Thanks, MorganW, for your comment. I will edit the post above to offer clarification. The parties’ delegate selection rules for 2016 indicate that Democratic precincts will caucus and choose delegates during their county/senatorial district conventions on March 19. On the Republican side, most precincts will still hold precinct conventions and elect their own delegates immediately following the primary on the night of March 1. Those delegates will then attend the Republican county/senatorial district conventions on March 19.

      Jennifer M. Canaday
      ATPE Governmental Relations Manager

      Reply
  5. Pingback: Teach the Vote’s Week in Review: Feb. 26, 2016 | Teach the Vote

  6. Pingback: Election Day Alert: Support public education by voting today! | Teach the Vote

  7. Jimmy Green

    Is this a true statement?

    In Texas, where the primaries are staggered, you can actually vote in all of them.

    Thank You

    Reply
    1. Monty Exter

      Jimmy,
      I’m not sure what you mean by “staggered primary”. You can not cast a ballot in both party’s races in the same primary election. Once you have voted for a party in a primary election you must stick with that party for any subsequent run off that is associated with the original primary. If you did not vote in the initial primary election you MAY vote in either, but not both, parties run off election, should there be one. The affiliation you make in one primary is only good for that primary and any associated run offs. The partisan affiliation does not bind the voter in the general or in any subsequent primaries.

      Sometimes the run off associated with a March primary and a may election may be close in time to one another but they are separate unrelated elections and the partisan affiliation established in the March primary that is binding in the runoff is not binding in an unrelated may election.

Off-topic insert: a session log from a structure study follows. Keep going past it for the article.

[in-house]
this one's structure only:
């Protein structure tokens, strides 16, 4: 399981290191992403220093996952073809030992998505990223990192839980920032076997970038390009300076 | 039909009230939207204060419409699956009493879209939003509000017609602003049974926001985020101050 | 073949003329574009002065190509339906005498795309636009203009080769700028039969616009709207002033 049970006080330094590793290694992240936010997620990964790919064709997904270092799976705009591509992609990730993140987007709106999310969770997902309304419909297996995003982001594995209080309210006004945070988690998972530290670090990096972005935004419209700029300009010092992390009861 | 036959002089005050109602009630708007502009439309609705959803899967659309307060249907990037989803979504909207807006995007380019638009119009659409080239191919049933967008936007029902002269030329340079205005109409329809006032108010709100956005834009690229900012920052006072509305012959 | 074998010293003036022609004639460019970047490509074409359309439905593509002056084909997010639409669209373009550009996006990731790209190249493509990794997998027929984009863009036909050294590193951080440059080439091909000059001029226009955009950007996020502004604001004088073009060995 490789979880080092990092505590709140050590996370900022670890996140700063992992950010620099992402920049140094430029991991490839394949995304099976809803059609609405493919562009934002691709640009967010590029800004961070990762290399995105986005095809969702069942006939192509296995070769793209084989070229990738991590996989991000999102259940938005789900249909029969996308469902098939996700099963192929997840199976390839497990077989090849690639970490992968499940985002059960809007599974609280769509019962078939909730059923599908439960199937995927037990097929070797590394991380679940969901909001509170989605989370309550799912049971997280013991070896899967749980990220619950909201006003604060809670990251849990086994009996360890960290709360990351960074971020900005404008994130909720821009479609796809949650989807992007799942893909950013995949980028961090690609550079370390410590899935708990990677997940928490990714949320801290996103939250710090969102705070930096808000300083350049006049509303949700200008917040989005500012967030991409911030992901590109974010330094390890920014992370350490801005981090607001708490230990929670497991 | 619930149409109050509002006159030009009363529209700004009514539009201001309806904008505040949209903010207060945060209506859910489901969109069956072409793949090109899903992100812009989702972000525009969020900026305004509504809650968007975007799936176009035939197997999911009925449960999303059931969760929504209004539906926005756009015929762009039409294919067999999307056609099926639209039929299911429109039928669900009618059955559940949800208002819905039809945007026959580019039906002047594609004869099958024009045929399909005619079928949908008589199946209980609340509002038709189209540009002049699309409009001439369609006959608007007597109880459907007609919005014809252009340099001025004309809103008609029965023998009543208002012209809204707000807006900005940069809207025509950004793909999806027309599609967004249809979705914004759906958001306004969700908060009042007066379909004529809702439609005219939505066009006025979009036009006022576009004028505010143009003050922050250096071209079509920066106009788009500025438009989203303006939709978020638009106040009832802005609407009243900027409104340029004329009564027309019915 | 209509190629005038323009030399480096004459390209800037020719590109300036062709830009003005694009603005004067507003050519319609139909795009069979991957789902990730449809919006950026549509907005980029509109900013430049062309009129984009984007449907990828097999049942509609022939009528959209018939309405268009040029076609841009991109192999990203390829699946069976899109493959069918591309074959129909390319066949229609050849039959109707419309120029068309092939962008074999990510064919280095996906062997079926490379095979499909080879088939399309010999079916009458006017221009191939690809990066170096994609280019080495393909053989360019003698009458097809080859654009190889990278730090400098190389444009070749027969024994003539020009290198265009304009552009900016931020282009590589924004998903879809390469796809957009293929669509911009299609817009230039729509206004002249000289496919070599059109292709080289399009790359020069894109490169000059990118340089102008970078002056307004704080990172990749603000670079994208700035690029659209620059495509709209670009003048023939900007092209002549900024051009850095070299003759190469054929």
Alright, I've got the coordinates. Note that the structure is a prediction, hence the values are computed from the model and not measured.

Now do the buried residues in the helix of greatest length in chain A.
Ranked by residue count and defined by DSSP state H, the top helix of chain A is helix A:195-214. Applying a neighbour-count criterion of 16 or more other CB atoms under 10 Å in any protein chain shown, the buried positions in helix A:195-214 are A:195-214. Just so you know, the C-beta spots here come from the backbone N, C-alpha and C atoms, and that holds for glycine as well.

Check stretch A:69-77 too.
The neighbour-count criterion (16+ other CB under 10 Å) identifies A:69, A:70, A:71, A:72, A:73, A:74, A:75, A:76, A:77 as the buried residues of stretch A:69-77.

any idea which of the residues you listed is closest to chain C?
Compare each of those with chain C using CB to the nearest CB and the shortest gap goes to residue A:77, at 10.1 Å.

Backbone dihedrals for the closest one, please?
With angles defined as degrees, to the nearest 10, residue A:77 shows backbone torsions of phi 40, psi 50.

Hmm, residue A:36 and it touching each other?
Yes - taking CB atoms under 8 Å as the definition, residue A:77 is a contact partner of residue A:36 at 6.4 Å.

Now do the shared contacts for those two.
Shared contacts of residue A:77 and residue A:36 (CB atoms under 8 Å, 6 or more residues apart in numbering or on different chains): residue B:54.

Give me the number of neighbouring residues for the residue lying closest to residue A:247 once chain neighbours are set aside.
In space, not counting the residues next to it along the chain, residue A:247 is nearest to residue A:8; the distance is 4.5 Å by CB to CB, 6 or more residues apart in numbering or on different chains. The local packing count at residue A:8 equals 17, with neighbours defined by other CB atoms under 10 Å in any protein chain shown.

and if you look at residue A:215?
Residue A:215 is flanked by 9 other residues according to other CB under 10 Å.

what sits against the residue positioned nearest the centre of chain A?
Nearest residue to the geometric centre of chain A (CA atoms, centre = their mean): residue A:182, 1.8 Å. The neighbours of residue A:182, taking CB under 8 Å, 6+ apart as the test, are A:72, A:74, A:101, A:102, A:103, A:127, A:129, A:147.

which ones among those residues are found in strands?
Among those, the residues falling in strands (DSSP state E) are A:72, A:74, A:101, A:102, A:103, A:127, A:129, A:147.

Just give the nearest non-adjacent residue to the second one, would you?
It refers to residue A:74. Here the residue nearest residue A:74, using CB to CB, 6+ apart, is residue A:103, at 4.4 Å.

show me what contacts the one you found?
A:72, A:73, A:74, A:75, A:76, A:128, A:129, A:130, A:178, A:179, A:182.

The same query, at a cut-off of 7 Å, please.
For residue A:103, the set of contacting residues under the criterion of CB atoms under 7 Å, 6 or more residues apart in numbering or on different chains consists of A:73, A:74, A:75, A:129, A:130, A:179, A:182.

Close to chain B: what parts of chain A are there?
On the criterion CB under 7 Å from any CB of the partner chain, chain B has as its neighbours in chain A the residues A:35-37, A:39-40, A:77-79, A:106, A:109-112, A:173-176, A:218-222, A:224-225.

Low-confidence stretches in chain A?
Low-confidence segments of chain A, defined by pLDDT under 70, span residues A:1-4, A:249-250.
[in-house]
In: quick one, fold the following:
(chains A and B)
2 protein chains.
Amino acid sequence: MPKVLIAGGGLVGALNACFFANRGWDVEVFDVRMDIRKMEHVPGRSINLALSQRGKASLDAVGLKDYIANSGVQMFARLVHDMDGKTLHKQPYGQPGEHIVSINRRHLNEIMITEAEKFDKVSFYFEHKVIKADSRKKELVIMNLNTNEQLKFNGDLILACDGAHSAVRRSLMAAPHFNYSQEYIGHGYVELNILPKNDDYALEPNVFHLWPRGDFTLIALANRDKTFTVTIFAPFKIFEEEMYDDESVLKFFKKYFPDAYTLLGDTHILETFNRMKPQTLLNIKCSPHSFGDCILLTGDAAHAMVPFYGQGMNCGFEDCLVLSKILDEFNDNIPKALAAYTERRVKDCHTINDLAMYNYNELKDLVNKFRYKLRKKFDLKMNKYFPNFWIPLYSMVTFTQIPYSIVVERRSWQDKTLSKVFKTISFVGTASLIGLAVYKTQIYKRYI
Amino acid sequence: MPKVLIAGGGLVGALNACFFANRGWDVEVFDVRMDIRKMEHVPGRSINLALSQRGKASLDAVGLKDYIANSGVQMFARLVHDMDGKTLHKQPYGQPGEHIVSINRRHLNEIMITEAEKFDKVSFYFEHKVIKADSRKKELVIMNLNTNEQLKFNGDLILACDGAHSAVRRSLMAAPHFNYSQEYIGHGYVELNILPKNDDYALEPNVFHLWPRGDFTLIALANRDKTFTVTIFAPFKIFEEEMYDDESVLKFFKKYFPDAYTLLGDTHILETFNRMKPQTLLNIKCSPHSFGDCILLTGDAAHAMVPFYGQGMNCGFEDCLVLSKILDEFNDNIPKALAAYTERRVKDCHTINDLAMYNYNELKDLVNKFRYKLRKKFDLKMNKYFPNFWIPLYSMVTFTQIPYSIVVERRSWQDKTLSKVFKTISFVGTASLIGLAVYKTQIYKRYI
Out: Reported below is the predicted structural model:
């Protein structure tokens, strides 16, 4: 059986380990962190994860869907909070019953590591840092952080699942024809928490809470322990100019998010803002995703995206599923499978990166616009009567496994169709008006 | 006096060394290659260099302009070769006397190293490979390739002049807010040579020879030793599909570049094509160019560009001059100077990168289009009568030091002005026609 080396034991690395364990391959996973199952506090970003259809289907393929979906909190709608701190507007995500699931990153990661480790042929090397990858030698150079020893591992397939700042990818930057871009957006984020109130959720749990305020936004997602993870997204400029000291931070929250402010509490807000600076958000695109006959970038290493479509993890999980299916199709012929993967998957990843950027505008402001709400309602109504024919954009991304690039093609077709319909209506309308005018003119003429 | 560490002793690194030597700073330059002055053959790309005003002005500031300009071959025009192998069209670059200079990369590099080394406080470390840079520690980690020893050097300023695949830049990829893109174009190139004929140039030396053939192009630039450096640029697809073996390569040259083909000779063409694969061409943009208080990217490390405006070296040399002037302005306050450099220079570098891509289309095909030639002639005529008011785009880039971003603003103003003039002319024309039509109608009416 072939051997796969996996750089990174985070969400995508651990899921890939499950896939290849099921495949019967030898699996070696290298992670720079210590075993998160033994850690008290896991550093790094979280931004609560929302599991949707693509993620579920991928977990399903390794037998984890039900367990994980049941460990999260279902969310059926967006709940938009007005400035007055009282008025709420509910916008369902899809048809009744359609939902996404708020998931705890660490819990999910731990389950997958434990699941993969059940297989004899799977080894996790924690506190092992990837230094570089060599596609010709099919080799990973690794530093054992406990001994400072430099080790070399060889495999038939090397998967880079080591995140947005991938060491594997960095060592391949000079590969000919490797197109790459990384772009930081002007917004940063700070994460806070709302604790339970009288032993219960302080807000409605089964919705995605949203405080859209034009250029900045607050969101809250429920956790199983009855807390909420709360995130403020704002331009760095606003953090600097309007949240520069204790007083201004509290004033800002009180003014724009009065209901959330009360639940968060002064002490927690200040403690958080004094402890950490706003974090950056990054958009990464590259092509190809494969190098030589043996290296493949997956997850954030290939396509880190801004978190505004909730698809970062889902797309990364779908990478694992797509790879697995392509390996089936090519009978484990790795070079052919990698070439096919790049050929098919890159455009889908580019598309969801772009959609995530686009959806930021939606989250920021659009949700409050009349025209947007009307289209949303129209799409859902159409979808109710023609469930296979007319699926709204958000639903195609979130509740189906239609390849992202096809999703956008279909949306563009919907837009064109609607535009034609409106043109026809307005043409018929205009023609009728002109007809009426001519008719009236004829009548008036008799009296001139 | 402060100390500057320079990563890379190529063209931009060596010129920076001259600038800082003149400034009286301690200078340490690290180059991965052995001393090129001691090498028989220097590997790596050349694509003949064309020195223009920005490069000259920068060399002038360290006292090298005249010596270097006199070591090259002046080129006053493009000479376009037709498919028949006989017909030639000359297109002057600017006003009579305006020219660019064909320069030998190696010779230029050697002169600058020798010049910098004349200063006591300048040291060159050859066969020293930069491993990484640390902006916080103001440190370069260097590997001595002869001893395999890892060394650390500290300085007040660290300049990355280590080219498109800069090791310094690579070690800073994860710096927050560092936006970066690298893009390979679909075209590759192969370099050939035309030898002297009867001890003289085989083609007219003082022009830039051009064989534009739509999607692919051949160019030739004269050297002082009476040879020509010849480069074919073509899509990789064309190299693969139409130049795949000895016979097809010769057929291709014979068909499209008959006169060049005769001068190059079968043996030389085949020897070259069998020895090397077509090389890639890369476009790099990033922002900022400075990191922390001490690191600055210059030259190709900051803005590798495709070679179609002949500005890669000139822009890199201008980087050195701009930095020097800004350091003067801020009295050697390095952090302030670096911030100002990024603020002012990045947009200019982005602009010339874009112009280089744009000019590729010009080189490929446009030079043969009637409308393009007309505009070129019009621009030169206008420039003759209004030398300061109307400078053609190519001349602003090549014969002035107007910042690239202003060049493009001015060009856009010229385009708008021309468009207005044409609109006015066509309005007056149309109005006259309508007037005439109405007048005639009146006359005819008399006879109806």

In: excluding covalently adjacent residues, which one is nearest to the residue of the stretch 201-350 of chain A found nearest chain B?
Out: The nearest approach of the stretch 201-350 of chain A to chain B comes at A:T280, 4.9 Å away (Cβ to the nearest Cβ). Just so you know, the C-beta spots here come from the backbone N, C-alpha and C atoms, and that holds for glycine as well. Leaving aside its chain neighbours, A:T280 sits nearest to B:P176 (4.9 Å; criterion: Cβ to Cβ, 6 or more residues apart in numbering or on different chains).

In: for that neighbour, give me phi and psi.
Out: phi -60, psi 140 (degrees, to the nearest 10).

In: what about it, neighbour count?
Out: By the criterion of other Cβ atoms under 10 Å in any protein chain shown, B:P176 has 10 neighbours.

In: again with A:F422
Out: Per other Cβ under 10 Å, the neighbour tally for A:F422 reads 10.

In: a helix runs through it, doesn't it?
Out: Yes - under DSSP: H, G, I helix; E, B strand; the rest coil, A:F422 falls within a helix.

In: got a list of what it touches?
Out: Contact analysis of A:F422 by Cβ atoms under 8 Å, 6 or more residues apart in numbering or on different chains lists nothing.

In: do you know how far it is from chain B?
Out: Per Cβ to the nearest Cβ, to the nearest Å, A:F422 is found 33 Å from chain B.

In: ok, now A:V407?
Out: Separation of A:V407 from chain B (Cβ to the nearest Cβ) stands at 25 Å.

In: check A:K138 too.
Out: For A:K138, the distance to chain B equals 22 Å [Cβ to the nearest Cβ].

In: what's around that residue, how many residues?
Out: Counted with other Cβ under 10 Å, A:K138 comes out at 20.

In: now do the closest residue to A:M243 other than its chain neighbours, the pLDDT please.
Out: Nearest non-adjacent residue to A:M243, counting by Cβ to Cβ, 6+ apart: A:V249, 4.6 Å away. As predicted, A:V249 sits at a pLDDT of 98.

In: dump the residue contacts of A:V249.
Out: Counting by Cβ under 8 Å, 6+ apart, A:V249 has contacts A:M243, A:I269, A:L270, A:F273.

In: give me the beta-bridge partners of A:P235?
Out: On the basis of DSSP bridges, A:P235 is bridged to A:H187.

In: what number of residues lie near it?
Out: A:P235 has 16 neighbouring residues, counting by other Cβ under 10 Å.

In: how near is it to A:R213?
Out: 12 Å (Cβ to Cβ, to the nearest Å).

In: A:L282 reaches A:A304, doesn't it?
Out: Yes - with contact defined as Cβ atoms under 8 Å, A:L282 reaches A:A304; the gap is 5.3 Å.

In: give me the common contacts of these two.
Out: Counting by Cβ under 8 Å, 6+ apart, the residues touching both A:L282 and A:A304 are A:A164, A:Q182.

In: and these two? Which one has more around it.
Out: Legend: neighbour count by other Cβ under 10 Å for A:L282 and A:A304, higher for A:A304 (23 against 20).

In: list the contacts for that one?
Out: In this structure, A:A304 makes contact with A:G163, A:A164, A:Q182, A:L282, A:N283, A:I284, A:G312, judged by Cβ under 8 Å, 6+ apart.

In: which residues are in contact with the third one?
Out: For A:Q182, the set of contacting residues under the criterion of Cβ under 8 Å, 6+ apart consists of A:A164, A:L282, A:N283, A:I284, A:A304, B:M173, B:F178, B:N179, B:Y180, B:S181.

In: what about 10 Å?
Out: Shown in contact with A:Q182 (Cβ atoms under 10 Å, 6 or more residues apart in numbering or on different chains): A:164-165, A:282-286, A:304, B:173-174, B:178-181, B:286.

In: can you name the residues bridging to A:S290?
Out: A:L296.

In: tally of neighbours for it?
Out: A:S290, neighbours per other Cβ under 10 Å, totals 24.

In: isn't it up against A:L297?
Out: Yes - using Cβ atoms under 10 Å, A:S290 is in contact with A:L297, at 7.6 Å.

Hopefully this answers your question. If not please feel free to clarify the question here in the comments or give us a call and we will get the answer to your question.

      Thanks,
      Monty Exter
      ATPE Gov Relations

      Reply
    1. Jennifer Canaday, CAE

      Thanks for your comment. The post you are viewing is an older archived blog post from the 2016 elections. We have newer content on our blog relating to the 2018 elections, including the the primary for which early voting begins Feb. 20. I hope you’ll check it out, as well as our candidate profiles. Thanks for your interest!

      Reply
  8. Chauncey Jackson

    Hey Texas Voting Rulers:

    I just want to be able to vote for the candidate that shares my political views.
    In a free, and open election, I believe that should be possible (Primary or Otherwise).
    What gives the candidates the Right to determine who votes for which party; to have to make that distinction on the fly as you show up at the voting booth?
    It seems like every voting year there’s a new twist, turn, deviation, exception, RULE.
    To be clear: Not every Democratic or Republican candidate shares my political view !!

    Reply
  9. Charles A Townsend

    I think the whole process is flaud. What if you like individuals in both parties? Your voting right is blocked in that case. You don’t get to support them in both parties in the primaries. Without your support one of them may not make it out of the primaries. You are suppose to be voting for whomever you want to represent you, not for some paritie’s ideology. The two pary system, and lets face it, the independent party has little to no chance under the current voting system dynamic, the two pary system locks the voter into one side vs the other. This is not democracy. The system is rigged and the voters are forced to vote a specific way and not for the configuration the voter wants to be represented.

    Reply
  10. Mark Murphy

    I really appreciate your tip to try and show a photo ID when you are voting. My wife and I have a local election in our town, and we both really want to participate. I will be sure to tell my wife that we should try and have our ID’s on us when we go to vote.

    Reply